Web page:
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President Biden promises enough vaccines for every adult in U.S. by end of May

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The Biden administration is delivering good news in the fight against the pandemic, announcing there will be enough vaccines for all U.S. adults by the end of May. But it comes as some states are easing restrictions. Nancy Cordes reports on the contrasting moves and why health experts say it's still too early to ease up.

Video Transcript

GAYLE KING: Two major developments in the fight against the coronavirus. First, President Biden is vastly speeding up the timeline for the vaccine rollout by two months. He now says there will be enough doses for every adult in America by the end of May partly due to historic new cooperation between the government and rival pharmaceutical companies.

- We're also learning more about major gambles to fully reopen businesses in Texas and Mississippi. Texas will drop its mask mandate on March 10th. And Mississippi is dropping theirs later today. Nancy Cordes is at the White House. Nancy, the Texas decision flies directly in the face of experts' advice. How is the White House responding to this?

NANCY CORDES: Good morning. Well, they say it's a mistake. And they are reiterating that masks save lives. But Texas is one of at least 11 states that are now easing restrictions despite those federal guidelines.

JOE BIDEN: This country will have enough vaccine supply-- I'll say it again-- for every adult in America by the end of May.

NANCY CORDES: That came as welcomed news one year into the pandemic and lockdowns. But the president was clear. There's a long way to go.

JOE BIDEN: Today's announcements are a huge step in our effort to beat this pandemic. But I have to be honest with you, this fight is far from over.

NANCY CORDES: That's been a consistent message from the federal government.

ROCHELLE WALENSKY: At this level of cases with variant spreading, we stand to completely lose the hard earned ground we have gained.

NANCY CORDES: But regardless of administration guidance, states are free to do as they please. Texas Governor Greg Abbott announced he's opening the second largest state in the country back up.

GREG ABBOTT: All businesses of any type are allowed to open 100%. Also I am ending the statewide mask mandate.

NANCY CORDES: Some states have been able to gradually lift some restrictions without seeing major spikes. But last April when Texas had 514 cases, Abbott made the decision to lift some restrictions. By early June, the number of cases there had more than tripled.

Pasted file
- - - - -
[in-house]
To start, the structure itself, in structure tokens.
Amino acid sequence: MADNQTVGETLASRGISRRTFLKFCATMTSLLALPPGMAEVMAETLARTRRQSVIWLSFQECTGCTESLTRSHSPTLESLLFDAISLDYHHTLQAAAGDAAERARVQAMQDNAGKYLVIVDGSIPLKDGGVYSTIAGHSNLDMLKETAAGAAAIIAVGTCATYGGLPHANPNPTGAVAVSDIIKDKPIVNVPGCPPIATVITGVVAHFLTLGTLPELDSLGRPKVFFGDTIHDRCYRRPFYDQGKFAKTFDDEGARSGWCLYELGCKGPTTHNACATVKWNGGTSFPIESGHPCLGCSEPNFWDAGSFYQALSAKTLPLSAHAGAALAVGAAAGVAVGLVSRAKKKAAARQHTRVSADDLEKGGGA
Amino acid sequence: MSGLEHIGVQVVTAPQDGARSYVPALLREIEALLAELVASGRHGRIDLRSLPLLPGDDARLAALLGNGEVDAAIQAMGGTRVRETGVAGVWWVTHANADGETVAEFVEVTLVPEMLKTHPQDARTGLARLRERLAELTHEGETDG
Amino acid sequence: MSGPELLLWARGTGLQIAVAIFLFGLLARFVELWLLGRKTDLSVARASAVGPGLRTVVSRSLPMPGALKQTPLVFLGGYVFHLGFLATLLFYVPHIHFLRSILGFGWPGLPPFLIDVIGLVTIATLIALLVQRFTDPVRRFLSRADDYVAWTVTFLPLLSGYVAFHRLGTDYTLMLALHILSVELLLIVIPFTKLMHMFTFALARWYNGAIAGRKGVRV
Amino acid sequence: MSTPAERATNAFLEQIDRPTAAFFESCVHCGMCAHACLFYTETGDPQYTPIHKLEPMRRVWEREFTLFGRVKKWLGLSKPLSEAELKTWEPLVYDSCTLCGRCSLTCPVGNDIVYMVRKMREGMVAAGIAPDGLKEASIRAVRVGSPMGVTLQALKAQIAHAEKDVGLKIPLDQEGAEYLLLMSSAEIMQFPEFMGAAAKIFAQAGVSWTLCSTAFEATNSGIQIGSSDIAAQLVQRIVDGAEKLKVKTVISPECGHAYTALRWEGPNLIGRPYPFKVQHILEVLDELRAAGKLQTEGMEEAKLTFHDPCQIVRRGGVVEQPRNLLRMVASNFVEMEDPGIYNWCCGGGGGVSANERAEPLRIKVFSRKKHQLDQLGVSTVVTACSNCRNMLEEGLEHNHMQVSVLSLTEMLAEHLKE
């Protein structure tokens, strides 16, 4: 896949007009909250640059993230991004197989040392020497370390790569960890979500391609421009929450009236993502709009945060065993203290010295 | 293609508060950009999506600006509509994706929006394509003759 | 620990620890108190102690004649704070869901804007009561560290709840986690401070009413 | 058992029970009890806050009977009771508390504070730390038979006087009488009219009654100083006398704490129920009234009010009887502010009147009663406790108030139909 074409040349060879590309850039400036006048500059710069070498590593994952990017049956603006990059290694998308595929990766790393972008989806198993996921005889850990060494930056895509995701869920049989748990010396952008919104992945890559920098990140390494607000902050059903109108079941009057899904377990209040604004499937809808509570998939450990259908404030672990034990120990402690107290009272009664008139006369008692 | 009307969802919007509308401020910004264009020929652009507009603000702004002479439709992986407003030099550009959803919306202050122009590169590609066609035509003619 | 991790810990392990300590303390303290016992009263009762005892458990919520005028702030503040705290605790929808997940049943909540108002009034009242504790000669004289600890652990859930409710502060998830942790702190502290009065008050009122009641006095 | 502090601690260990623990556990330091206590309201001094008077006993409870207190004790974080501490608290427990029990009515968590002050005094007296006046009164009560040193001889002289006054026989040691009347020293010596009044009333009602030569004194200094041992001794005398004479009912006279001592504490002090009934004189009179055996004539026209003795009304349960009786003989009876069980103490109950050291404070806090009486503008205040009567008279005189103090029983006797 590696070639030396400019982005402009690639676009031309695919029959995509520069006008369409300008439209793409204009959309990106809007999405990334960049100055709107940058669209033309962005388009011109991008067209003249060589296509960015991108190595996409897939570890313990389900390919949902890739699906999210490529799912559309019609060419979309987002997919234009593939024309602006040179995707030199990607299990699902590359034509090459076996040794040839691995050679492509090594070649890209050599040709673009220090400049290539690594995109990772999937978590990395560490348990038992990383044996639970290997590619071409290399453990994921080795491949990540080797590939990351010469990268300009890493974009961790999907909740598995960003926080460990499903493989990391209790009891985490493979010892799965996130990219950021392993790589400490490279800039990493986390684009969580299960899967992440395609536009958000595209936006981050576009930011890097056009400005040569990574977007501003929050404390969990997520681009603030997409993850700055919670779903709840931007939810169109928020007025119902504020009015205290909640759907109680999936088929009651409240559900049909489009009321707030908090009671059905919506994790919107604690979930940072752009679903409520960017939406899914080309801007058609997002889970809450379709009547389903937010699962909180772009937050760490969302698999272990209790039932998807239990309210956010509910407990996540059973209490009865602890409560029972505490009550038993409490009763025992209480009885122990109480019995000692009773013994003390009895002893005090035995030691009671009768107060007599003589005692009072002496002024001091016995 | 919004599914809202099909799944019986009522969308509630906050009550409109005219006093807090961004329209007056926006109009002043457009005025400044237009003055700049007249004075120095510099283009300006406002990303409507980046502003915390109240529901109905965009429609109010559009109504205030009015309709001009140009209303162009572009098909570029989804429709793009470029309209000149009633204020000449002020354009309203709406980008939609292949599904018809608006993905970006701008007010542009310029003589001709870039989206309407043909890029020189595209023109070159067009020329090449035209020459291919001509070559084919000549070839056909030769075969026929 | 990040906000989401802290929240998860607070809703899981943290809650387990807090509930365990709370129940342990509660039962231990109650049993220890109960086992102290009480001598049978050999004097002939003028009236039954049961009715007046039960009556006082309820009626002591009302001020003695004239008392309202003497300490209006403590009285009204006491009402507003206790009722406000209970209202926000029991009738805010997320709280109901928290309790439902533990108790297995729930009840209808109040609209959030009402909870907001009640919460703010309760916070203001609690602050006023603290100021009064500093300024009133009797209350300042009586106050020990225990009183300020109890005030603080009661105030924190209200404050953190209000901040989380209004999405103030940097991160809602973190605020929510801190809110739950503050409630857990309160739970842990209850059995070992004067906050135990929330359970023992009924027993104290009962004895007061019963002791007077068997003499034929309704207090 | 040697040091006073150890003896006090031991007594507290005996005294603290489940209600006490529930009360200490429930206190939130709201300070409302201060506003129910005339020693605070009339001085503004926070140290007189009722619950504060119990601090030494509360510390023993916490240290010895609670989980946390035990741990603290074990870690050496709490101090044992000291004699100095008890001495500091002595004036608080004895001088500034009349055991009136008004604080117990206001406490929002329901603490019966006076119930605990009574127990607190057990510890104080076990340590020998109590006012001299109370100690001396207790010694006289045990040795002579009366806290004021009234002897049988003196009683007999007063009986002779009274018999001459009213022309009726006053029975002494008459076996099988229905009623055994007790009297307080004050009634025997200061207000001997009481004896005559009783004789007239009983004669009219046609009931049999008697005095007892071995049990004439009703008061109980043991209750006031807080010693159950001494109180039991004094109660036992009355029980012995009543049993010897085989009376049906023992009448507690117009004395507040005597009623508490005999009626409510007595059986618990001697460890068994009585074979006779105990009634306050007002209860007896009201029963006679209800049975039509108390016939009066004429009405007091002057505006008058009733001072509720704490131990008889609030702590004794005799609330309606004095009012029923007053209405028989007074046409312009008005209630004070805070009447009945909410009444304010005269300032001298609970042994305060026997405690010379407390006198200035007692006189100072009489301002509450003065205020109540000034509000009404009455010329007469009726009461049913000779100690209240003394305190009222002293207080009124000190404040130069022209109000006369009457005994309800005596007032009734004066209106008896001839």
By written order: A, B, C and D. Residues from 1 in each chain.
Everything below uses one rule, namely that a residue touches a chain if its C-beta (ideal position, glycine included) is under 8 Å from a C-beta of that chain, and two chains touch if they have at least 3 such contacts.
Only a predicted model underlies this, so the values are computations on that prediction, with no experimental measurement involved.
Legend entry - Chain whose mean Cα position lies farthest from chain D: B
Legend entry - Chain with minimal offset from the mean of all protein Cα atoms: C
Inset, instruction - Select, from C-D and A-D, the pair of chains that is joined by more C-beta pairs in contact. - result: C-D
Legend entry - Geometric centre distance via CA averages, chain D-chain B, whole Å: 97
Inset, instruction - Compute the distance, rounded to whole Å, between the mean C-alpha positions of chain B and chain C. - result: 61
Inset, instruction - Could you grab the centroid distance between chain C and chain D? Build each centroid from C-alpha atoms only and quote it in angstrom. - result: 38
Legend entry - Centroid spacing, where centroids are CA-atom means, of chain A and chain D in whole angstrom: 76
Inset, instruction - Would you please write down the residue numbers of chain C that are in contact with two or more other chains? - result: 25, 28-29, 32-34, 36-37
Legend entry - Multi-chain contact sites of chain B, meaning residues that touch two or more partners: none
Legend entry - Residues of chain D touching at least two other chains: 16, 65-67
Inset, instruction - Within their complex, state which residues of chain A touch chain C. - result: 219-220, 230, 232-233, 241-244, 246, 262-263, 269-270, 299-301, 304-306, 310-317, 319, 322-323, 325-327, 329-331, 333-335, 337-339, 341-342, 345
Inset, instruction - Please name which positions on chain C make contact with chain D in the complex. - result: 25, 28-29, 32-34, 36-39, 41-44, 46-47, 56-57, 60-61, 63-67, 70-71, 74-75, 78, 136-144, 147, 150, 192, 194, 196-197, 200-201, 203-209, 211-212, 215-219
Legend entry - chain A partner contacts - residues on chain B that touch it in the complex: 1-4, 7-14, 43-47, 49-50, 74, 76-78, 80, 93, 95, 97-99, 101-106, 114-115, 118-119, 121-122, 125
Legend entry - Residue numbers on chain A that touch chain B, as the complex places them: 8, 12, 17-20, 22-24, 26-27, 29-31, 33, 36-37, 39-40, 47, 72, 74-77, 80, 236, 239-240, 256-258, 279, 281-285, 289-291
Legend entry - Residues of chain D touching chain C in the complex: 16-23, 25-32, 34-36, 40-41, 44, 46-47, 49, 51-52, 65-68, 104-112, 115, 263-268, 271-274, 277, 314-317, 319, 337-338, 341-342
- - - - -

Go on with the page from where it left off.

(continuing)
At the time, the vaccine wasn't available. And it still isn't for many Texans. As of Tuesday, Texas ranks 48th overall in vaccinations in the US. Just under two million people or 6.8% of the state's population have received the two necessary doses of either the Moderna or Pfizer vaccine.

DAVID PERSSE: Right now is not the time for us to be lifting restrictions.

NANCY CORDES: Health officials have been urging states to keep their safety measures in place.

DAVID PERSSE: If we lift the restrictions now, we're just asking for another wave. Remember, every time we get another wave, people have died. While we're getting fatigued, these variants will take any opportunity to succeed if we give it to them. And so we just cannot give them that opportunity.

NANCY CORDES: President Biden issued a new directive to states yesterday, telling them to put teachers and other people who work in schools at the front of the line to get vaccines. About 30 states are already doing something like that. And it's unclear how much power the federal government really has to compel the rest of the states to do the same.

- Yeah, Nancy, thank you very much. And what Nancy points out there is that there is a state's right issue here. Texas can do what it wants. But we're not in the end zone yet. And to ease restrictions is a bit like spiking the football in the 10 yard line. We haven't scored.

GAYLE KING: I like what he just said though. Every time you get another wave, people die.

- I was going to say that there's a connection between what we do, our movements, and the number of cases.

GAYLE KING: Exactly.

- We've seen it over and over again in the course of this pandemic. It feels like we're so close now. We just want to get to the finish line.

GAYLE KING: Feels like it because we are.

- We are. We're in a race.

GAYLE KING: Come on, people.